If someone mentioned the word D.O.M.S where I come from, I would be apt to think of an Italian eatery or pizza shop. In this instance it means Delayed Onset Muscle Soreness. This is the muscle pain or stiffness that you feel after exercising. It is most prominent the first time you work out or during an initial assessment and it is a completely normal response to exerting yourself beyond what your body is adapted for. In fact it is a part of the adaption process that allows you to become strong, fit and lean and boost your metabolism.
What creates D.O.M.S?
Eccentric movement creates muscle soreness. For example, walking down a lot of stairs… When you walk down the stairs your calf muscles have to decelerate the ankle joint movement as you make each step down the stairs, which can cause micro trauma or small tears in the muscle fibers (which is another way of saying small injuries), thus creating soreness in your calf. Another example of eccentric movement would be the downward potion of the squatting movement or the downward movement of a biceps curl.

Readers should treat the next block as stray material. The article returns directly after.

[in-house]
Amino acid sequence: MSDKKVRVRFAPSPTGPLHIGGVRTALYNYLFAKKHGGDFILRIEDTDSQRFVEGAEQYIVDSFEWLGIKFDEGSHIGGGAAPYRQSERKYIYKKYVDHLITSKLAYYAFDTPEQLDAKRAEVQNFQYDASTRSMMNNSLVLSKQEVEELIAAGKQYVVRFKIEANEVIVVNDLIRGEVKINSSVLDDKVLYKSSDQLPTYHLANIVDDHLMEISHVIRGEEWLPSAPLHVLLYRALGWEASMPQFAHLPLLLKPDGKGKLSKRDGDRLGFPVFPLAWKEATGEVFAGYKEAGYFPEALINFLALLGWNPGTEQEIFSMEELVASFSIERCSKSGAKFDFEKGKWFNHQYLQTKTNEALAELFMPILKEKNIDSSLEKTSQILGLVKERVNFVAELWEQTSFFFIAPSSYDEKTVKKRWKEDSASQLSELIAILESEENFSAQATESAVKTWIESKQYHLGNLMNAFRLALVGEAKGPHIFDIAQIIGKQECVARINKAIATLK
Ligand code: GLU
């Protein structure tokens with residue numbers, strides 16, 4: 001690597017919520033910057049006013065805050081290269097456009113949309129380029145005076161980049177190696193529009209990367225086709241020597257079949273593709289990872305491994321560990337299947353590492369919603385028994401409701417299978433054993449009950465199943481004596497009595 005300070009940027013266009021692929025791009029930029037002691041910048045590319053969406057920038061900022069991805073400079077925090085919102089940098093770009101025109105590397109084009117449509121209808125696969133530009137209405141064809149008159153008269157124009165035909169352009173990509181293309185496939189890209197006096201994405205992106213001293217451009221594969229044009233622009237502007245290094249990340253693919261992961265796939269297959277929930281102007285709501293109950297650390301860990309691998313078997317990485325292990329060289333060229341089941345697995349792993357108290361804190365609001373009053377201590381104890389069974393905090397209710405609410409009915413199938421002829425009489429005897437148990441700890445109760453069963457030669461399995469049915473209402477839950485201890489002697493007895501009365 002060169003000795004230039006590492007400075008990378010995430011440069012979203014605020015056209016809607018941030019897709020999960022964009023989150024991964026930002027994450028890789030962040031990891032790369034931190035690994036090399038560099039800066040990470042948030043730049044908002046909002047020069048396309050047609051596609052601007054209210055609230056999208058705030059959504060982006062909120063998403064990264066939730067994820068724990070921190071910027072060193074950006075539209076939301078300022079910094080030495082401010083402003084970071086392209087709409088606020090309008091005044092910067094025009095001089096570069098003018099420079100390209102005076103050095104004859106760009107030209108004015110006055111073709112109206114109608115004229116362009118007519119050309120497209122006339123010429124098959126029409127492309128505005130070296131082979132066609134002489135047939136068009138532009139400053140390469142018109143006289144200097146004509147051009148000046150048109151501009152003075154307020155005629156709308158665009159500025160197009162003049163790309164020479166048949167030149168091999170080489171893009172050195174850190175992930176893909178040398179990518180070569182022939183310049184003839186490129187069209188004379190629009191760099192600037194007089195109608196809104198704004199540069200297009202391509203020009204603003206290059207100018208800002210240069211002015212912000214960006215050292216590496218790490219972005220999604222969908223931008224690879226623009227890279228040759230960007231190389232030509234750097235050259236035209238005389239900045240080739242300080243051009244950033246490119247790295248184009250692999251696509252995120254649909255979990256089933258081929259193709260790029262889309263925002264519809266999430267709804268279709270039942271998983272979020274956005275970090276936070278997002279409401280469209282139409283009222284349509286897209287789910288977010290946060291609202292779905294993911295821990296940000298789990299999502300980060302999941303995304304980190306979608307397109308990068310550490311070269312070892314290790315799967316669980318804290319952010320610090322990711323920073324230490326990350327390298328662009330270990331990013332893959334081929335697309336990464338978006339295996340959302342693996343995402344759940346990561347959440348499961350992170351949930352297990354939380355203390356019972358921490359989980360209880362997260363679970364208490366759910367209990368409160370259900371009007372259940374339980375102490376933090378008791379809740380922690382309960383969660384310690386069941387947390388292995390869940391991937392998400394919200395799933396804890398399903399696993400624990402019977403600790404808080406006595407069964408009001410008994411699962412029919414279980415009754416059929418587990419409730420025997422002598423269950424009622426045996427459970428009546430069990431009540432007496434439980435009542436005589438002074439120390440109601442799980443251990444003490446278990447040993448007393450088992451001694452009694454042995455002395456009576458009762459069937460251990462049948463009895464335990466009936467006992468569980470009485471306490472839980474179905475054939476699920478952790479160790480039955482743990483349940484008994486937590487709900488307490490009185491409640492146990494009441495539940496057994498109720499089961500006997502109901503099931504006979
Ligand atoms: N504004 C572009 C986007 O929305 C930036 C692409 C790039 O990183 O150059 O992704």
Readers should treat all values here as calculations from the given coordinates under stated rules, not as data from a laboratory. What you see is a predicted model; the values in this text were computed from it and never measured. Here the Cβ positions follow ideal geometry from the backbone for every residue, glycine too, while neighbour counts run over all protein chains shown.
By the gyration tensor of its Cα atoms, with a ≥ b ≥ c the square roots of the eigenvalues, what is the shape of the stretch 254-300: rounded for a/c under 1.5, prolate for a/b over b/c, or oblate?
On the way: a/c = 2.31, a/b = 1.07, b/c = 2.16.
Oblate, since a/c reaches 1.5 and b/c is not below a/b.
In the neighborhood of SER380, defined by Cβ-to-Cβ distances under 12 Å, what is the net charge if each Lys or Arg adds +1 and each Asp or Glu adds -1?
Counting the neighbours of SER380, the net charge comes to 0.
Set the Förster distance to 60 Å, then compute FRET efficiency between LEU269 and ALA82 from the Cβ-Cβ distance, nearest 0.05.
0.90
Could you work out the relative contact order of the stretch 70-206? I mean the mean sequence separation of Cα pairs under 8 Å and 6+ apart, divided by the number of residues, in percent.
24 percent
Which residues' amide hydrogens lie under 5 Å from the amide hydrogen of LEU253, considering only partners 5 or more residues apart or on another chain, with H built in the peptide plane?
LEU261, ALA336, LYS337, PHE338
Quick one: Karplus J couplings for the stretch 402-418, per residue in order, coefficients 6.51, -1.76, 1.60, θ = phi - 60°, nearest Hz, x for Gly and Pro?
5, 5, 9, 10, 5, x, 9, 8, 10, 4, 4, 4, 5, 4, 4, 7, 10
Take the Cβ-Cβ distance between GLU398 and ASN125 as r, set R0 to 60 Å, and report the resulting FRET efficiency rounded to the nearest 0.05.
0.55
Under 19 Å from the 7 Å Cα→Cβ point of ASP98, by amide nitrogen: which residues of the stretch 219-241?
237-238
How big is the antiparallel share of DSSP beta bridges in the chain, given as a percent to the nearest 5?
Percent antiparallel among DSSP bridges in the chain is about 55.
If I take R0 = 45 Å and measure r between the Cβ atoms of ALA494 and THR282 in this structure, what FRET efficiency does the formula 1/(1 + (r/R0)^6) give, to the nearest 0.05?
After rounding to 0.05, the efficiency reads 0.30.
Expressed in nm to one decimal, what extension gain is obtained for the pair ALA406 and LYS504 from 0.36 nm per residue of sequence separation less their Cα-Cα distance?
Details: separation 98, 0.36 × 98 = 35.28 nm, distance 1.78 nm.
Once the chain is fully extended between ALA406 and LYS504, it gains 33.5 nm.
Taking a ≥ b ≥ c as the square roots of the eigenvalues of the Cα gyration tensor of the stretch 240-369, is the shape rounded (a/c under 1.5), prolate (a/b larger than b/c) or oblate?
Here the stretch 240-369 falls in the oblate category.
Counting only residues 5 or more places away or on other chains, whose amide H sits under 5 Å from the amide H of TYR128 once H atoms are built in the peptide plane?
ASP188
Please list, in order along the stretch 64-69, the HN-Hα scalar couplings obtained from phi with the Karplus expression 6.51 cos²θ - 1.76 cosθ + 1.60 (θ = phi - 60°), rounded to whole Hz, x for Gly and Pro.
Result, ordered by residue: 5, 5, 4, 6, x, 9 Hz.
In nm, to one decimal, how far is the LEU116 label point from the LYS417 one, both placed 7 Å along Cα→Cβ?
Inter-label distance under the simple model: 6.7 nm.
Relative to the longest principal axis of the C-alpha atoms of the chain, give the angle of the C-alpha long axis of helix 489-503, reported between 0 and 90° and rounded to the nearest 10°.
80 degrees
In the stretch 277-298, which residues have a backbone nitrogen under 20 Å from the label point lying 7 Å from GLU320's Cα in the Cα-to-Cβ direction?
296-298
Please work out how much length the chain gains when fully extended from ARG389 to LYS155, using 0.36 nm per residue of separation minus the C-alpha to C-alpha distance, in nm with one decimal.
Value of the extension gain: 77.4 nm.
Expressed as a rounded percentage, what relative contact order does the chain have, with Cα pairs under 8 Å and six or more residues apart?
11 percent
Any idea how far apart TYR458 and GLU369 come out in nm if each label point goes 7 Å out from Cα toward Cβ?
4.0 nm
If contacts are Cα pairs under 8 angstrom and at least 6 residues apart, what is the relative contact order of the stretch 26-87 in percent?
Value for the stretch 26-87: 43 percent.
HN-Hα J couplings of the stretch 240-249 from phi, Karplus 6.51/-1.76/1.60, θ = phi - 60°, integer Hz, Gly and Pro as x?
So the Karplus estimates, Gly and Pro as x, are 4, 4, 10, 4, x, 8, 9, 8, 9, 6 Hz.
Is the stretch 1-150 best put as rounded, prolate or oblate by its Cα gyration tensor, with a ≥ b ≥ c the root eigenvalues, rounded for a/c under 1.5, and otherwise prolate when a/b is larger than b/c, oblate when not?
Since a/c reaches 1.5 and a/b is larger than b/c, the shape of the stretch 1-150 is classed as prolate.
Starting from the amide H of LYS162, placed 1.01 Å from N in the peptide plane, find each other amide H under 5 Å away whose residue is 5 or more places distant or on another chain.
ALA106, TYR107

Not only does eccentric movement cause Delayed Onset Muscle Soreness, going beyond what your body is adapted for or doing movements that your body is unfamiliar with will also cause D.O.M.S. Another example we come across a lot is when someone is in amazing shape when it comes to running, but as soon that person does some strength training they feel sore, even in their legs. Many times the reply is, I thought my legs were in better shape than that
How do you to decrease D.O.M.S?
You can reduce or prevent extreme delayed onset muscle soreness by progressing your exercise regimen properly. What that means is adding enough stimulus to the body to engender growth and get results but not too much to cause severe soreness and therefore a longer recovery time. And this can take some experimenting; which is why an assessment is so important. Some people have stronger legs and can do more with the lower body than they can with the upper body.
If you do find yourself with D.O.M.S. here are 9 things you can do to increase the rate of recovery:
- Light jogging and then some light stretching
- Specific Yoga
- Our Back Pain Relief4Life Program
- Icing the muscles before they get sore will increase the speed of recovery
- Sitting in a hot tub or a sauna for 20 minutes
- Increase your water and vitamin (especially vitamin C) consumption
- Consume 300-400 calories of carbohydrate shortly after the training session
- Taking advil
Ian Hart is a Body-Mind Transformation expert, the creator of EarthFIT Training Systems, co-creator of BACK PAIN RELIEF4LIFE, and founder of BEAUFORTPERSONALTRAINING.COM and MYBACKPAINCOACH.COM. Ian and his team help people get into optimal shape in the safest, fastest and most effective way possible, using cutting edge science.